Wednesday, January 28, 2009

Rover Film Review: Gran Torino

I thought I'd start taking a look at what a college-aged, Catholic, Conservative thought of what Hollywood produces these days. I love movies, especially movies that make you think or challenge you. So, without further ado, hopefully the first in a series of film reviews.

Gran Torino (R for language throughout and some violence)

Actors: Clint Eastwood, Christopher Carley, Bee Vang, Abney Her.
Director: Clint Eastwood

This film, for me, is a film about redemption and family. Walt (Eastwood) is a grizzled, Korean-war veteran and former Ford assemblyman who remained aloof from his two sons and now, following the death of his wife, lives alone in an increasingly immigrant neighborhood. As the film progresses, the Hmong family next door becomes everything that Walt's family isn't: respectful, caring, and ultimately loving. By the end, Walt's constant spewing of racial epitaphs and profanity is more out of habit and grudging love than the hatred seen at the beginning of the movie.

The character of Walt is also a Catholic who doesn't have time for the young priest and his "mumbo-jumbo." However, their relationship also changes as the film advances towards one of respect and ultimately mutual learning and understanding. The sacrament of Reconciliation is discussed in detail and ultimately upheld.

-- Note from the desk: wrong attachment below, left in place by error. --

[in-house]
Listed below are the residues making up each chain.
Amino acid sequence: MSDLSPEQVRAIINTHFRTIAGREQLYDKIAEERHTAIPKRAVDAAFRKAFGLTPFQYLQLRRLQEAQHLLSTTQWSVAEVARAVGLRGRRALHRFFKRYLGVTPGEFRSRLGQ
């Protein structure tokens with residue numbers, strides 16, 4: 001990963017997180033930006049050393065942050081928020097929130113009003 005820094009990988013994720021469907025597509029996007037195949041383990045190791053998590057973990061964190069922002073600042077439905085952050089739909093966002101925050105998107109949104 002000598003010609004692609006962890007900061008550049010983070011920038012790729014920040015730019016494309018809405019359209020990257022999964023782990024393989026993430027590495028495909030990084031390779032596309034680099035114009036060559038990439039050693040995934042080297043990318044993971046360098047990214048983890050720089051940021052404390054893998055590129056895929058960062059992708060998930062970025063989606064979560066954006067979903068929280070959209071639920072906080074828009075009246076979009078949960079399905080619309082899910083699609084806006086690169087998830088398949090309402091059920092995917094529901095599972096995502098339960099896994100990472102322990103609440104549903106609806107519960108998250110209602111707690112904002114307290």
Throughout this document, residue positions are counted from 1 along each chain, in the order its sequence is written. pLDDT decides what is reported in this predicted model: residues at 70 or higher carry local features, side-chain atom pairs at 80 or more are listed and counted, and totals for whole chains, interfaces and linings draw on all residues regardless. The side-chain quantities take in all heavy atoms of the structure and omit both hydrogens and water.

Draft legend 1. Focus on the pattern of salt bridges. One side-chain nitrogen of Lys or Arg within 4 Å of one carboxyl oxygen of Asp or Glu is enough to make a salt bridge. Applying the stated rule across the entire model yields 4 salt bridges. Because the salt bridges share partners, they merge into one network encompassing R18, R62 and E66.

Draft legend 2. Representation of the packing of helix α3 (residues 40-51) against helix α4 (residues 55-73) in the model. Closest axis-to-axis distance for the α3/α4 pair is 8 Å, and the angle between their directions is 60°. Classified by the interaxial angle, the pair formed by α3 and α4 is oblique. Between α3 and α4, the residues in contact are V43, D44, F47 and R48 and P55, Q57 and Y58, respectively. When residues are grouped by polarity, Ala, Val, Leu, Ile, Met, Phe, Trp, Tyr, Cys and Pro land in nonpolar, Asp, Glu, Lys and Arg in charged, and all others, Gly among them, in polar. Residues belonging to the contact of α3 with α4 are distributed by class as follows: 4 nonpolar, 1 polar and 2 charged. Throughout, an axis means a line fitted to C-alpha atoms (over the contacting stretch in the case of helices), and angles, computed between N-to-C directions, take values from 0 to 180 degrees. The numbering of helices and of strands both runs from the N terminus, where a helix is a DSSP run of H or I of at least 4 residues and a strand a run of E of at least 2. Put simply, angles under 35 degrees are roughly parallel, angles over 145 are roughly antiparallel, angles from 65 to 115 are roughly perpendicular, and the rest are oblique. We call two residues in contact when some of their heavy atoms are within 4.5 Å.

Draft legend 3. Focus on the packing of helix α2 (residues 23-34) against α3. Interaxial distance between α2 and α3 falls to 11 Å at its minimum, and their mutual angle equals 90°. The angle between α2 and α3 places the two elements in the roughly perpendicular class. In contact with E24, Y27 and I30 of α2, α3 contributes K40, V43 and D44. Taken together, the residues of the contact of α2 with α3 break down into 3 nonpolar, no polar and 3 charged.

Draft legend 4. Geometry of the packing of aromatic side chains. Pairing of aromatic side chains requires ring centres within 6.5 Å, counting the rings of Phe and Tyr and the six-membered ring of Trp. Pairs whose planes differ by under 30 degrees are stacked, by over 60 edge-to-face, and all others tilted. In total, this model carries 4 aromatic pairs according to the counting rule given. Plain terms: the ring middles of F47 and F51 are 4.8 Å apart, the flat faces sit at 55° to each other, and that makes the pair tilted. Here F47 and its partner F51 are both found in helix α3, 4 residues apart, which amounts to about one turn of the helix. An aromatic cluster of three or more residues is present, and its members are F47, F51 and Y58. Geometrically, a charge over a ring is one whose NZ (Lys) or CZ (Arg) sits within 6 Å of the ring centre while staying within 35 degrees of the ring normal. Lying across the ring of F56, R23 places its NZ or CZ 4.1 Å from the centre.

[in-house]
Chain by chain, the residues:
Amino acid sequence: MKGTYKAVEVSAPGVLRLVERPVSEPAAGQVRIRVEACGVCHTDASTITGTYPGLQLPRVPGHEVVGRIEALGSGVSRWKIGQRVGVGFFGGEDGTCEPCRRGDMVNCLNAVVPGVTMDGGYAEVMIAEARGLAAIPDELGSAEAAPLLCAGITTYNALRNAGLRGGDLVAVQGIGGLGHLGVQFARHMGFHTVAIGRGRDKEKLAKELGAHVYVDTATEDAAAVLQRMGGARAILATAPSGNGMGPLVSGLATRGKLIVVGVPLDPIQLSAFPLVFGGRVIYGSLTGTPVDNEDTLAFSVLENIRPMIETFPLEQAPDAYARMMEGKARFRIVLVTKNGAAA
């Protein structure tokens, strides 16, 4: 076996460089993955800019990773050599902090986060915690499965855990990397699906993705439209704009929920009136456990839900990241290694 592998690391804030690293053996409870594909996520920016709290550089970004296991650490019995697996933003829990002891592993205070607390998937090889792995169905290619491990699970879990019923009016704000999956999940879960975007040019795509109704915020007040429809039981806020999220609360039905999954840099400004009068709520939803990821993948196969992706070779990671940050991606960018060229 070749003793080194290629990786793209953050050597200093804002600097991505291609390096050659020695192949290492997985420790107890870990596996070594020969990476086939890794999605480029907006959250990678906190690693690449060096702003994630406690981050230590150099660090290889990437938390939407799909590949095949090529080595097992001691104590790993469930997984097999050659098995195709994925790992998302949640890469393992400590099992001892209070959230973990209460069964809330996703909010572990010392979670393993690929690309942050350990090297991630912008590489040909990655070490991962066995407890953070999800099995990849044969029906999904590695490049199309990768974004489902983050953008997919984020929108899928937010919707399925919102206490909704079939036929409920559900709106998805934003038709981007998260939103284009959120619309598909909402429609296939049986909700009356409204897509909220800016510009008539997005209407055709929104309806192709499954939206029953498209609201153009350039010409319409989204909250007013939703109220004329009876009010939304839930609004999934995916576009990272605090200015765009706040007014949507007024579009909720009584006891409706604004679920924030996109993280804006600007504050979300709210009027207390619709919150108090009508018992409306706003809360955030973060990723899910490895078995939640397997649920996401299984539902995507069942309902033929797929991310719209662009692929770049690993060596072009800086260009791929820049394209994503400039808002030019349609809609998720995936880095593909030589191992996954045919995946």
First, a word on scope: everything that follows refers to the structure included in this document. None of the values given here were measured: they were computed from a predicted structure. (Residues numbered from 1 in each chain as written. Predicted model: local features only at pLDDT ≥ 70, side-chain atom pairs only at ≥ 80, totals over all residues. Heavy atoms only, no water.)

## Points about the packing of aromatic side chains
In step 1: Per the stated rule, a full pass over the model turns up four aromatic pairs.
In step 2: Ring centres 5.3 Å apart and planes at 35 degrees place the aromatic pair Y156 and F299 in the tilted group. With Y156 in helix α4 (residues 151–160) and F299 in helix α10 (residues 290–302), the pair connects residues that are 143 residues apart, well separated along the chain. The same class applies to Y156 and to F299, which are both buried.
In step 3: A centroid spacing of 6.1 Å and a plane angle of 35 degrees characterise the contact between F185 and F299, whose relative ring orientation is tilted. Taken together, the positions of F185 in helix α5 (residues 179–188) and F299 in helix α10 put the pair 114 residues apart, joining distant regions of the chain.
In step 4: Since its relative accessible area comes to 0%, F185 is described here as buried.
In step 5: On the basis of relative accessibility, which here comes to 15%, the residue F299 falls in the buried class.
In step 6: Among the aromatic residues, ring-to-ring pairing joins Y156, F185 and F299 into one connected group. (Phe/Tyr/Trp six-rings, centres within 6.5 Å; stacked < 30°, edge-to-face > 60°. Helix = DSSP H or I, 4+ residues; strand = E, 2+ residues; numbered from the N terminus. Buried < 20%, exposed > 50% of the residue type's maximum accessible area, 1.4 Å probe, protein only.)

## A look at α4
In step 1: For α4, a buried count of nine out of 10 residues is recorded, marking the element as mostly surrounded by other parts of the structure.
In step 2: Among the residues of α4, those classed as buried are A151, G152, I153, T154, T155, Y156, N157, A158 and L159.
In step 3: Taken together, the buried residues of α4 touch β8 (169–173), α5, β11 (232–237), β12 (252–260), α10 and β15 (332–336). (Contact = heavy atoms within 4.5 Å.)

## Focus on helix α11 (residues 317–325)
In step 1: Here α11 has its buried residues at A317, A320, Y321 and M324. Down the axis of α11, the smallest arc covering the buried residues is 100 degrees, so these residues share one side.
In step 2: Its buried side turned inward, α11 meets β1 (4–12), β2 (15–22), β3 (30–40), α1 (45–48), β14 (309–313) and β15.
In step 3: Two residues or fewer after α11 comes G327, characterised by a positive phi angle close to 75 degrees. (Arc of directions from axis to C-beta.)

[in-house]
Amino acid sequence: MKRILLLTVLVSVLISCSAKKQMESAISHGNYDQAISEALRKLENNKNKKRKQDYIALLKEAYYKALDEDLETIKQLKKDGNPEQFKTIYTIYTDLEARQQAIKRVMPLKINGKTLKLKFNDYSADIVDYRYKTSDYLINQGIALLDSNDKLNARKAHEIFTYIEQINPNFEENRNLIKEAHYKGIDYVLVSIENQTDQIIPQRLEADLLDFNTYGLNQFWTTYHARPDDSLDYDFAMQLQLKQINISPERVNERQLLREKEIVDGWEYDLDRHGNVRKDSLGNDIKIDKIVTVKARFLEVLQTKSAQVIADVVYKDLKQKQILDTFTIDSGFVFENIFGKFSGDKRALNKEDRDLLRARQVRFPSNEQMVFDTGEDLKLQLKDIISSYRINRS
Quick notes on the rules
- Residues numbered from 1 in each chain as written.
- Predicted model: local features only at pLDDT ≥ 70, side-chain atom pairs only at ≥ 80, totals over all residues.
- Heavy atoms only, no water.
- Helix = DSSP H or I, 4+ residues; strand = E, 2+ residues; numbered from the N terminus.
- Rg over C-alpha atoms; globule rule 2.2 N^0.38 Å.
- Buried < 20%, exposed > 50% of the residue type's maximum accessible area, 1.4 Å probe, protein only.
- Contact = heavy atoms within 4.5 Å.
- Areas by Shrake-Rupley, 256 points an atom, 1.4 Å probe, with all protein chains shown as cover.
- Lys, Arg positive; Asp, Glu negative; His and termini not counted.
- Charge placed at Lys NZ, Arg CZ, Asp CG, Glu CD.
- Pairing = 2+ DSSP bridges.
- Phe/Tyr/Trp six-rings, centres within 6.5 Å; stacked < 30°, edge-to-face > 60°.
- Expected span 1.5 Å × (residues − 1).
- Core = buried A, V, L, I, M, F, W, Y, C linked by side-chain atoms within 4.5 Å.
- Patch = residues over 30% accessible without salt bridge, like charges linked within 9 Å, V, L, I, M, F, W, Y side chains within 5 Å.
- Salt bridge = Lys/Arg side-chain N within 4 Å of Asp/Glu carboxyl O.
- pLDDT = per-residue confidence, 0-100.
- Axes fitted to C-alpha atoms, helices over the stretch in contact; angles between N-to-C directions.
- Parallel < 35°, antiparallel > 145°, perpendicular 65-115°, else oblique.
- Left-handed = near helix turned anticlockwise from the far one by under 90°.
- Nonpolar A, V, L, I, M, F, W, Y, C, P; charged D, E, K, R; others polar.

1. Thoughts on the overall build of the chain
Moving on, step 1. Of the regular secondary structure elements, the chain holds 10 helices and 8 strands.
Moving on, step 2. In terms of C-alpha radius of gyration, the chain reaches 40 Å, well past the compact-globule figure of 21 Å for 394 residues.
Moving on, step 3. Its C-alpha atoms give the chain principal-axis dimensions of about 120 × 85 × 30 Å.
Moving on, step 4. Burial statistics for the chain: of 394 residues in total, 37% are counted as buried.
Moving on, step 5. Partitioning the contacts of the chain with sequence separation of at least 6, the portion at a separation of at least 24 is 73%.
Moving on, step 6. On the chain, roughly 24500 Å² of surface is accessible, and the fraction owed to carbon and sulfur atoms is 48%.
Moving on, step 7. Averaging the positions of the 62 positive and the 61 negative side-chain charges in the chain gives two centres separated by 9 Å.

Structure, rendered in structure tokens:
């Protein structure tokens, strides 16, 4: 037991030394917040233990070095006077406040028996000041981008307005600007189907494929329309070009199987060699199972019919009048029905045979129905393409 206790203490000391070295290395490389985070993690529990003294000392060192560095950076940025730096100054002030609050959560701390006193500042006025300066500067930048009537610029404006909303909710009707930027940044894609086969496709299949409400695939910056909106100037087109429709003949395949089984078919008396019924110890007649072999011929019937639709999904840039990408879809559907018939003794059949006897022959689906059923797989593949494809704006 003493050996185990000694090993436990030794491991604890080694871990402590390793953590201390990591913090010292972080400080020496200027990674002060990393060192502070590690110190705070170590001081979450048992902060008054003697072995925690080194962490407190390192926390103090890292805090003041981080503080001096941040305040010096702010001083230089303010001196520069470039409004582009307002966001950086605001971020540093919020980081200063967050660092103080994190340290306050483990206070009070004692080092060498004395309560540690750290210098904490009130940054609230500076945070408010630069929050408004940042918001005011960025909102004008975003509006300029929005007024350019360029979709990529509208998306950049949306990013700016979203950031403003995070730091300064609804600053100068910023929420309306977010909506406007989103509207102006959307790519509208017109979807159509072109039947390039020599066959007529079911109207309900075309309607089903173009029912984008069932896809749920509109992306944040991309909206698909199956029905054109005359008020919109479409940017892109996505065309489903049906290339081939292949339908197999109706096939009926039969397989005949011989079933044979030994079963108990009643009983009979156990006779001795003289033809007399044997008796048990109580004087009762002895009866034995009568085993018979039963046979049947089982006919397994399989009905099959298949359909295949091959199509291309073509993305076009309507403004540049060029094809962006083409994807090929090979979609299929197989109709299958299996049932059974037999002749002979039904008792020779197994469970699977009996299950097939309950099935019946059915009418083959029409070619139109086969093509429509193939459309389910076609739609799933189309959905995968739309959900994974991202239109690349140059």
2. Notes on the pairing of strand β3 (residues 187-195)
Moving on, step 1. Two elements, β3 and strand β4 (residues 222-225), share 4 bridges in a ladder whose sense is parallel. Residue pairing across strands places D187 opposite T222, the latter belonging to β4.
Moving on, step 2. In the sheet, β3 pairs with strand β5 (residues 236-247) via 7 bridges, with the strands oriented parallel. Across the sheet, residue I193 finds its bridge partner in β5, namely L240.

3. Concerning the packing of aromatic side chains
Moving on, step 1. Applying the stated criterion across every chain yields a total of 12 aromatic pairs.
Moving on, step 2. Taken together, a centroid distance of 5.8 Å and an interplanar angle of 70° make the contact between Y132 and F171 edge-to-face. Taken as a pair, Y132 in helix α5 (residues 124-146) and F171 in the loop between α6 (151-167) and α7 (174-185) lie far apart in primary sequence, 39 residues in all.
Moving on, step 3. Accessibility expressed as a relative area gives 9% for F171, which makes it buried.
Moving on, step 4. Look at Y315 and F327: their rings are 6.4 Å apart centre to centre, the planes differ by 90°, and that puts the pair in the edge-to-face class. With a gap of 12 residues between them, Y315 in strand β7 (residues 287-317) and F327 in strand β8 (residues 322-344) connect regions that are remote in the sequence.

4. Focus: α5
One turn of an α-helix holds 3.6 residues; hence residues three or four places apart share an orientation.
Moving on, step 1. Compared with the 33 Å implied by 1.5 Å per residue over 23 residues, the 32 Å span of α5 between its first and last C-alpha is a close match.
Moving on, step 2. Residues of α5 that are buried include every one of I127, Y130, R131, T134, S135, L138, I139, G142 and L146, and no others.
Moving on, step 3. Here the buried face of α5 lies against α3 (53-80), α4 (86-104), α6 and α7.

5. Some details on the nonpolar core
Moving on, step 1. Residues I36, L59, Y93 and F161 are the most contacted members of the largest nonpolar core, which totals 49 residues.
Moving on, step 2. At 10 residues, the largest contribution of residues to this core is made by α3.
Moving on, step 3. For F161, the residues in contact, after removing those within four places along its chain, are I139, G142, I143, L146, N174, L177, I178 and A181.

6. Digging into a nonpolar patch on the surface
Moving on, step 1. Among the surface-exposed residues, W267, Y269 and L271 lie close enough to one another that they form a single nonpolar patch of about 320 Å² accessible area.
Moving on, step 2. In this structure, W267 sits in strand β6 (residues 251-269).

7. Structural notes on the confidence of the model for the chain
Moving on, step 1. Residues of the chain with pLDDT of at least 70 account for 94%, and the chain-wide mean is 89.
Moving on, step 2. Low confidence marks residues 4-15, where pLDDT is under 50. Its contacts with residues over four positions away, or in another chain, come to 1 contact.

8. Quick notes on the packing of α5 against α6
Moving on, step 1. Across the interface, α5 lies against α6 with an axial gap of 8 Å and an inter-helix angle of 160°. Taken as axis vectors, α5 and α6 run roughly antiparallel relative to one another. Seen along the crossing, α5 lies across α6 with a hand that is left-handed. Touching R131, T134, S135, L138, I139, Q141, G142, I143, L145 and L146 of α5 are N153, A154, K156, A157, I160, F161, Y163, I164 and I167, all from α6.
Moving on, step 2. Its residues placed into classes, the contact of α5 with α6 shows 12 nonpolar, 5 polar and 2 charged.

Gran Torino ends with a huge allusion to Jesus Christ and it is his redemptive qualities that end up shining through the harshness of Eastwood's excellent portrayal of a man who struggles to come to grips with the horrors of war. If Valkyrie is a film about men who stood up to stop the extreme horror of Hitler, then Gran Torino is a film about a man who rises to the challenge to stop the terror in his own neighborhood. It powerfully illustrates the opportunity we all have to redeem ourselves in our everyday lives, to be extraordinary people in an ordinary way.

I do have a couple gripes about the story and film at large. Walt's relationship with his two sons could be better resolved at the end, although the Hmong neighbors do gradually fulfill that role. In addition, I found Eastwood's singing at the end a tad overly-sentimental. Other than that, Gran Torino, while rough when it comes to language, is an above-average film with exellent acting, a good story, and a powerful message of salvation and respect.